Education and career[edit] Born in Fresno, California, Cronbach was selected as a child to participate in Lewis Terman's long-term study of talented children.[3] He received a bachelor's degree from Fresno State College and a master's degree from the University of California, Berkeley. Cronbach had an interest in educational and psychological measurement due to Thurstone’s work on the measurement of attitudes. This work of Thurstone intrigued Cronbach, motivating him to complete and receive his doctorate in educational psychology from the University of Chicago in 1940.[1] After teaching mathematics and chemistry at Fresno High School, Cronbach took faculty positions at the State College of Washington, the University of Chicago, and the University of Illinois, finally settling at Stanford University in 1964. In 1956 he was elected as a Fellow of the American Statistical Association.[4] Contributions to educational psychology[edit] Cronbach's research can be clustered into three main areas: measurement theory, program evaluation, and instruction.[5] This includes several issues, such as the nature of the teaching-learning process, the measurement of variables describing instructional interactions, the evaluation of educational programs, and educational psychology’s aspiration as an emerging social science discipline. His contributions to measurement issues were of great importance to all educational psychologists. These contributions included improvements to the technology of psychometric modeling, as well as reformulations, which went beyond the mathematics of understanding the psychology of test performances.[1] Educational psychologists have benefited from Cronbach's quest for a better explanation of learning in response to instruction; making countless contributions to educational psychology. Cronbach was able to sharpen the sensitivity of educational research, such as how different learners cope with the demands within different learning environments. He advocated the use of extensive local studies and field methods, producing useful narratives of teaching and learning. Cronbach's contributions include refining research questions which seek to understand the person-situation interactions in educational settings, recognizing the abandonment of strict scientism is in favour of a more pluralistic philosophical and empirical agenda, and emphasizing that the role of context is just as essential as improved interpretations of educational processes. Cronbach developed a framework for evaluation design, implementation and analysis.[1] He believed that the purpose of evaluation to provide constructive feedback for program implementers and clients was incorrect. On the contrary, he believed that it was the design, implementation and analysis which should reflect the feedback goal. Cronbach has proven that research is valuable[dubious – discuss] - to the extent where research serves the purpose of improving some aspect of social reality. This allowed Cronbach to lay out guidelines - much like a road-map - for researchers and practitioners of educational psychology spreading awareness of the challenges and prospects of conducting program evaluations.[1] "The special task of the social scientist in each generation is to pin down the contemporary facts. Beyond that, [Cronbach] shares with the humanistic scholar and the artist in the effort to gain insight into contemporary relationships, and to align the culture’s view of man with present realities. To know man as he is is no mean aspiration." [6] Cronbach's alpha[edit] Cronbach worked on the concept of reliability which had a huge impact on the field of educational measurement. His earliest work was the publication of Cronbach's alpha[7] a method for determining the reliability of educational and psychological tests. This allowed new interpretations of the index of reliability. Cronbach had created this formula which could be applied throughout a variety of tests and other measurement instruments - gaining an enormous amount of popularity among practitioners.[1] Cronbach's Alpha provided a measure of reliability from a single test administration thus showing that on repeated occasions, or even other parallel forms of testing, were not needed to estimate a test's consistency (this followed closely from the works of Kuder and Richardson). The Alpha is useful because not only is it easily calculated, but it is also quite general and can be applied universally - for example: dichotomously scored multiple-choice items or polytimous attitude scales.[5] The generalizability theory (the "G" theory)[edit] As Cronbach’s work on reliability progressed, during the 1950s and 1960s it led to his work on the generalizability theory. He began his work with the aim to produce a handbook on measurement - allowing people to apply mathematical concepts to transform one’s behaviours and events into quantitative results. Cronbach believed that there were two flaws in the concept of taking observed test scores into true score and error components: he believed that true scores were "ill-defined" and errors were "all-inclusive". The Generalizability theory addresses the question of the relative influence on test performance based on different aspects of how tests are being administered to people. A question that would be addressed, for example, would be: "will students perform consistently on different occasions?" [1] The Generalizability theory expanded when Cronbach became concerned that an undifferentiated error term covered up information about systematic variations which could be important in terms of test performance. With this in mind, he teamed up with two other members and developed a "random model" (introduced by the British statistician R.A. Fisher) where he was determined to figure out the complexities of error variance.[1] This "G" theory thus provided a combination of the psychological with the mathematical producing a comprehensive framework and statistical model which identified sources of measurement error.[5] Cronbach's theory goes beyond examining consistency in a student’s relative standing in distribution – it recognizes and acknowledges that the particular item used in any given test is only a small indicator from a wider domain of knowledge. Only such extensions to reliability investigations were made possible by the Generalizability theory - which allowed researchers to address more realistic educational problems, and encouraged researchers to place substantial considerations when they made inquires to demonstrate that validity is important especially when evaluating information extracted from test scores.[1] With the help from Paul Meehl, Cronbach placed the concept of validity theory in the centre of educational and psychological testing.[5] Cronbach & Meehl believed that "...it [is]imperative that psychologists make a place for [advocating construct validity] in their methodological thinking, so that its rationale, its scientific legitimacy, and its dangers may become explicit and familiar. This would be preferable to the widespread current tendency to engage in what actually amounts to construct validation research and use of constructs in practical testing, while talking an "operational" methodology which, if adopted, would force research into a mold it does not fit." [8] Cronbach acknowledged reliability as an important characteristic of a test, but believed that reliability and validity went hand-in-hand,and at times, 'trade-offs' were necessary in order to improve reliability. The paper, Construct Validity in Psychological Tests, compiled by both Cronbach and Meehl, represents their research efforts for over 50 years on validity.[5] References[edit]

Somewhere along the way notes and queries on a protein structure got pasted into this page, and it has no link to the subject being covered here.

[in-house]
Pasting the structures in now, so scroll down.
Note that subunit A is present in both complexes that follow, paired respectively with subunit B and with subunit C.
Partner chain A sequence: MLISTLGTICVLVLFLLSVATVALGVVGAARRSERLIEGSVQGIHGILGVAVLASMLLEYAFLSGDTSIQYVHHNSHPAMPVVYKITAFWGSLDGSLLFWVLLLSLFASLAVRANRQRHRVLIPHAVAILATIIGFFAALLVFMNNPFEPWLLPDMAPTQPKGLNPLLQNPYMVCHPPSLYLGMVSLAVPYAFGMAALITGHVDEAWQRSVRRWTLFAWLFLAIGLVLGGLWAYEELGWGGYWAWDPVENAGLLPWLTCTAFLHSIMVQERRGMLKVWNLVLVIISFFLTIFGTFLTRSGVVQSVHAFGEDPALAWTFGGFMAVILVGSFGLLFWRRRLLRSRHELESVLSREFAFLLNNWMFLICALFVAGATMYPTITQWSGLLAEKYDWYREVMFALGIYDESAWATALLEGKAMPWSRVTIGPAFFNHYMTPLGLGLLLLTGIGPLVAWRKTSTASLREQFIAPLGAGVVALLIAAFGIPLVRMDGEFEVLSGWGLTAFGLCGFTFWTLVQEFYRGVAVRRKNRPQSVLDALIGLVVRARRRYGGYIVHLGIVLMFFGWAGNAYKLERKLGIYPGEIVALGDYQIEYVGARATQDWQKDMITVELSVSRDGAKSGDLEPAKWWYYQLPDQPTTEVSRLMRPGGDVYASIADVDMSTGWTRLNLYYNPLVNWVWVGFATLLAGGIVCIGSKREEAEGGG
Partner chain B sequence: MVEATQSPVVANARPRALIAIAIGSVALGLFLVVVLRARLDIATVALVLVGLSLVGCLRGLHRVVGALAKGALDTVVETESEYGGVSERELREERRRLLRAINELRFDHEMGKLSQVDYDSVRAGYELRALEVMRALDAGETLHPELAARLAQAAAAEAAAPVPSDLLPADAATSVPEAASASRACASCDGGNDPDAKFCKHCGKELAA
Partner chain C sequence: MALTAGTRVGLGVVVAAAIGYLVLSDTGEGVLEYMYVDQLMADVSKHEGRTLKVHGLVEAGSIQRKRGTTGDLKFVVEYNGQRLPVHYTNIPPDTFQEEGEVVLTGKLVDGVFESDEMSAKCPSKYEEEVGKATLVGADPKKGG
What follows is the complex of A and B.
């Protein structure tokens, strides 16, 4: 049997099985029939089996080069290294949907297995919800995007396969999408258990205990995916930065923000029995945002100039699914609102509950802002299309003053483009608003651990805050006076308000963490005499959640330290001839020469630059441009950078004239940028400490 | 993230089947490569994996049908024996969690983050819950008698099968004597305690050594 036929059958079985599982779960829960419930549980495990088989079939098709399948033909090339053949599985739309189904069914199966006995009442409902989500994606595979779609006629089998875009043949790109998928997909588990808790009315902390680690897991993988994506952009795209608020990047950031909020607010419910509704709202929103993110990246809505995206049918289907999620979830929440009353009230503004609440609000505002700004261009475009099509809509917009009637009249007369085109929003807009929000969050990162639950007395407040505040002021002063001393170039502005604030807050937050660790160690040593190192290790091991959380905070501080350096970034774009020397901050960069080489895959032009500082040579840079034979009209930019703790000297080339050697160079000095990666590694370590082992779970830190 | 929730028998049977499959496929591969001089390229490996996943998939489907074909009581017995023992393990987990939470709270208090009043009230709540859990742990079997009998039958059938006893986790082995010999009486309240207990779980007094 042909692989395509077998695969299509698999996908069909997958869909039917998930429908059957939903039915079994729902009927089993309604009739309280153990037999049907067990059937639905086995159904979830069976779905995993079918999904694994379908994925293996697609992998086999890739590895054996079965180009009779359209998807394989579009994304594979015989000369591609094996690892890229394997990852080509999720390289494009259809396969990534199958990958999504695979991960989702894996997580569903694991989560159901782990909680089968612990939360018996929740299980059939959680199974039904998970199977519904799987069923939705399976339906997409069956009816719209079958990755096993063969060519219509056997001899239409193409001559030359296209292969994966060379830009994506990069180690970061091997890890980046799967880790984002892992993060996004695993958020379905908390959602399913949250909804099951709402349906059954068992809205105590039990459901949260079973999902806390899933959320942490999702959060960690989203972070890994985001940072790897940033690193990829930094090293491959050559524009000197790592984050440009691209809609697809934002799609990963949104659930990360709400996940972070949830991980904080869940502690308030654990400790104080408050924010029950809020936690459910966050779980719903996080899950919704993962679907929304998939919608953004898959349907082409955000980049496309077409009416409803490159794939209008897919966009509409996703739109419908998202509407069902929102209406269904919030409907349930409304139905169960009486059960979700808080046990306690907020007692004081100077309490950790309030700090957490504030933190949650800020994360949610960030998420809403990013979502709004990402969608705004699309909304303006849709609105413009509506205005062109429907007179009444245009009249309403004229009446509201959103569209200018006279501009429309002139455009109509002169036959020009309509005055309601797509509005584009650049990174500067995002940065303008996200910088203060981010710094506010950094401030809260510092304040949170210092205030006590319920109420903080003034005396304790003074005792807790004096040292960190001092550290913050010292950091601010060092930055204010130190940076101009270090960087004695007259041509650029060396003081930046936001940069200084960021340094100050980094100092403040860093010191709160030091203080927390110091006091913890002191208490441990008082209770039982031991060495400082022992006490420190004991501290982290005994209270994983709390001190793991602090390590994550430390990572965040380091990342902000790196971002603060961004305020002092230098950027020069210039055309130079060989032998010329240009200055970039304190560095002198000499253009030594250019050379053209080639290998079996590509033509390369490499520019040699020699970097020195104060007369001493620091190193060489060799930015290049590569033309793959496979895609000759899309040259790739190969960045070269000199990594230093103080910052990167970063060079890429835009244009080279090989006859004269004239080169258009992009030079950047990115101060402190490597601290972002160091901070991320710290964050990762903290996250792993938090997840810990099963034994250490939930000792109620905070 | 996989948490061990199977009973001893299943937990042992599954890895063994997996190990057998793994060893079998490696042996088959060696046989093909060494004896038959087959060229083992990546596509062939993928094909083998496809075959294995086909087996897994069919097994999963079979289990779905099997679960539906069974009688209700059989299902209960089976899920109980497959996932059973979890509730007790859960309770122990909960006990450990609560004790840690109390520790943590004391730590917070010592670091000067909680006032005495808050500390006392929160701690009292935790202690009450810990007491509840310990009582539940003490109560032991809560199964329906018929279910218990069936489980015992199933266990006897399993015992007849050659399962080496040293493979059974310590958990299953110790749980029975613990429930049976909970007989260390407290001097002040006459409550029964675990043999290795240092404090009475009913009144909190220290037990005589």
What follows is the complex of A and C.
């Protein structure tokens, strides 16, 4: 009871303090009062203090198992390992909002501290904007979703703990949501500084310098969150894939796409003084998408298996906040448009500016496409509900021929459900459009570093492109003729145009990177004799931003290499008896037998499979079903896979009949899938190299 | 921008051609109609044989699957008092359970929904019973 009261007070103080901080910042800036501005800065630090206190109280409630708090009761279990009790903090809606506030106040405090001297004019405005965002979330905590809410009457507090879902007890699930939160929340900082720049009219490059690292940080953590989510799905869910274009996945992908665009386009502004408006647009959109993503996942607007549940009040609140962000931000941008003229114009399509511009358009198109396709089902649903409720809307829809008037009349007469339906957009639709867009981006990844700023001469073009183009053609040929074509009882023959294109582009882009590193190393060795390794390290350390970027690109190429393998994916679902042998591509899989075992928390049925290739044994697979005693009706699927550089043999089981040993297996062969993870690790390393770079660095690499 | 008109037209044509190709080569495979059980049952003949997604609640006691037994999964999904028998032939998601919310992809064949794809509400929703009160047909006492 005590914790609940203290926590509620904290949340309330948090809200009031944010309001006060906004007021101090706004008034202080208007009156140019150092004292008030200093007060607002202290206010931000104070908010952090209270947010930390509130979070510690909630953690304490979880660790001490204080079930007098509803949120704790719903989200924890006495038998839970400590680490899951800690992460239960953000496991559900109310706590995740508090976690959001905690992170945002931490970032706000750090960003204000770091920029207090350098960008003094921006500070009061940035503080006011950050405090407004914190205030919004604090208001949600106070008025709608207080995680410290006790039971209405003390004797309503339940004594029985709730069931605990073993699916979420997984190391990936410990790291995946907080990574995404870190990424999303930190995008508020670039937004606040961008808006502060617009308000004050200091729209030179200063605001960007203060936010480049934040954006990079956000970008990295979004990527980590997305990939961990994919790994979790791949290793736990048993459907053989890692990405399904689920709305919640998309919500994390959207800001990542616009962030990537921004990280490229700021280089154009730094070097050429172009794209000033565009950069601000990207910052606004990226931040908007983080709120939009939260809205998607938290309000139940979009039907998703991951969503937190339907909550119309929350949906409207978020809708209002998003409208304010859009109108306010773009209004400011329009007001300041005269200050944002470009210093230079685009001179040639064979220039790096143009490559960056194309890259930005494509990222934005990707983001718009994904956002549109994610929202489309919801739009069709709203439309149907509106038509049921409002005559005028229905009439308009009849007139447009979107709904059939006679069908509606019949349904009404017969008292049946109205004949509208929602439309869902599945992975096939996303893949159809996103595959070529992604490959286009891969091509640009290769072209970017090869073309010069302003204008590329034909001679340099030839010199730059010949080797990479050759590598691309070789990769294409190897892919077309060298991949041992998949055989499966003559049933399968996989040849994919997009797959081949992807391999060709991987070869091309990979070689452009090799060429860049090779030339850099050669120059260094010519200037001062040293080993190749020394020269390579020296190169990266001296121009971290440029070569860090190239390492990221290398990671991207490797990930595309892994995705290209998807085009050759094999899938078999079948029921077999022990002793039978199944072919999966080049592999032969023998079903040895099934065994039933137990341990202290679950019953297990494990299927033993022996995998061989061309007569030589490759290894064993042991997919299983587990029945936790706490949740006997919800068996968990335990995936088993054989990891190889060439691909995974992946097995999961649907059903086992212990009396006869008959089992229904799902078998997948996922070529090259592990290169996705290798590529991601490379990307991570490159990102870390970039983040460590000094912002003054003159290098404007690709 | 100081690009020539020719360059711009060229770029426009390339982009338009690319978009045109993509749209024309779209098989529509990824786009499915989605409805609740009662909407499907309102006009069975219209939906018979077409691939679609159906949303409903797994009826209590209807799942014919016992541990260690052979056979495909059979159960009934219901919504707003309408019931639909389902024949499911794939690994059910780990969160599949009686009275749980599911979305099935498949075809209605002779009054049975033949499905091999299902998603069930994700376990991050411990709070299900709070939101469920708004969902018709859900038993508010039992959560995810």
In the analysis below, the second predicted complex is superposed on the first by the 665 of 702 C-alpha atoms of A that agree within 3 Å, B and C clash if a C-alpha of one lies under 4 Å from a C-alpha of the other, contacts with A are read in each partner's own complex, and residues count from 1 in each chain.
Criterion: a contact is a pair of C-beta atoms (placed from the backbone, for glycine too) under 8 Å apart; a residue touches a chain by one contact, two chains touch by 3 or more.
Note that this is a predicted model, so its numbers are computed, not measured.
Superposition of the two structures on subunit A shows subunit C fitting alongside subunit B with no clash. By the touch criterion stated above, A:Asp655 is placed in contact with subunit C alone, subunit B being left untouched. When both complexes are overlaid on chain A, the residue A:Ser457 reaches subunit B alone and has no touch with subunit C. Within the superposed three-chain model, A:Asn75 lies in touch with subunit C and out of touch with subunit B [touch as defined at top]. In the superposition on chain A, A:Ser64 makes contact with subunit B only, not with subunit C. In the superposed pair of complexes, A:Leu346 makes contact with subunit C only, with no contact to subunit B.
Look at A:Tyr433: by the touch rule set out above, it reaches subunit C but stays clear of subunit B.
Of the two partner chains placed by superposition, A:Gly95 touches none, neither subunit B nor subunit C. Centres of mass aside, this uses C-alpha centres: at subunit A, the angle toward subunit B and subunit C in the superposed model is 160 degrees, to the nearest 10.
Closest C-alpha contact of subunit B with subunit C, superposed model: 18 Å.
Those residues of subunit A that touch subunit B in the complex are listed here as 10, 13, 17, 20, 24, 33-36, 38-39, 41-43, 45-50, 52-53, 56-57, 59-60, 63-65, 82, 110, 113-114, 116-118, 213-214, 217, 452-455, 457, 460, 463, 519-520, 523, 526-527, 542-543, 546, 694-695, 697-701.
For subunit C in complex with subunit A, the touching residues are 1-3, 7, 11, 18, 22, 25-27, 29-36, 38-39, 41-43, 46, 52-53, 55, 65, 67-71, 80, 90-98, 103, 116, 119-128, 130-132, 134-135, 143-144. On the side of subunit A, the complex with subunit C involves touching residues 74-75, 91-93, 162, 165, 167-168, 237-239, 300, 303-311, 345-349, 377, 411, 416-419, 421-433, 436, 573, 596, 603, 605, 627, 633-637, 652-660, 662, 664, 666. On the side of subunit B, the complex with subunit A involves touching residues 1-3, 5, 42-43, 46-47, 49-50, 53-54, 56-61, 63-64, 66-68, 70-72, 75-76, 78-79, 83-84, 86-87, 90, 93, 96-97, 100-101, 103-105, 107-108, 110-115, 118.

^ a b c d e f g h i Kupermintz, H. (2003). Lee J. Cronbach's contributions to educational psychology. In B. J. Zimmerman and D. H. Schunk (Eds.). Educational Psychology: A Century of Contributions, pp. 289-302 ^ Haggbloom, Steven J.; Warnick, Jason E.; Jones, Vinessa K.; Yarbrough, Gary L.; Russell, Tenea M.; Borecky, Chris M.; McGahhey, Reagan; et al. (2002). "The 100 most eminent psychologists of the 20th century". Review of General Psychology. 6 (2): 139–152. doi:10.1037/1089-2680.6.2.139. CS1 maint: Explicit use of et al. (link) ^ Friedman, Howard (2011). The Longevity Project. New York: Hudson Street Press. pp. 76–77. ISBN 978-1-59463-075-0.  ^ View/Search Fellows of the ASA, accessed 2016-07-23. ^ a b c d e Shavelson, R. J. (2003). Lee J. Cronbach. The American Philosophical Society, 147(4), 380-385. ^ Cronbach, L. J. 1975. Beyond the two disciplines of scientific psychology. American Psychologist 30:671–84. ^ Cronbach, L. J. (1951) (originally developed by Louis Guttman in 1945),. Coefficient alpha and the internal structure of tests. Psychometrika, 16,297-334. ^ Cronbach, L. J., & Meehl, P.E. (1955). Construct validity in psychological tests. Psychological Bulletin, 52, 281-302.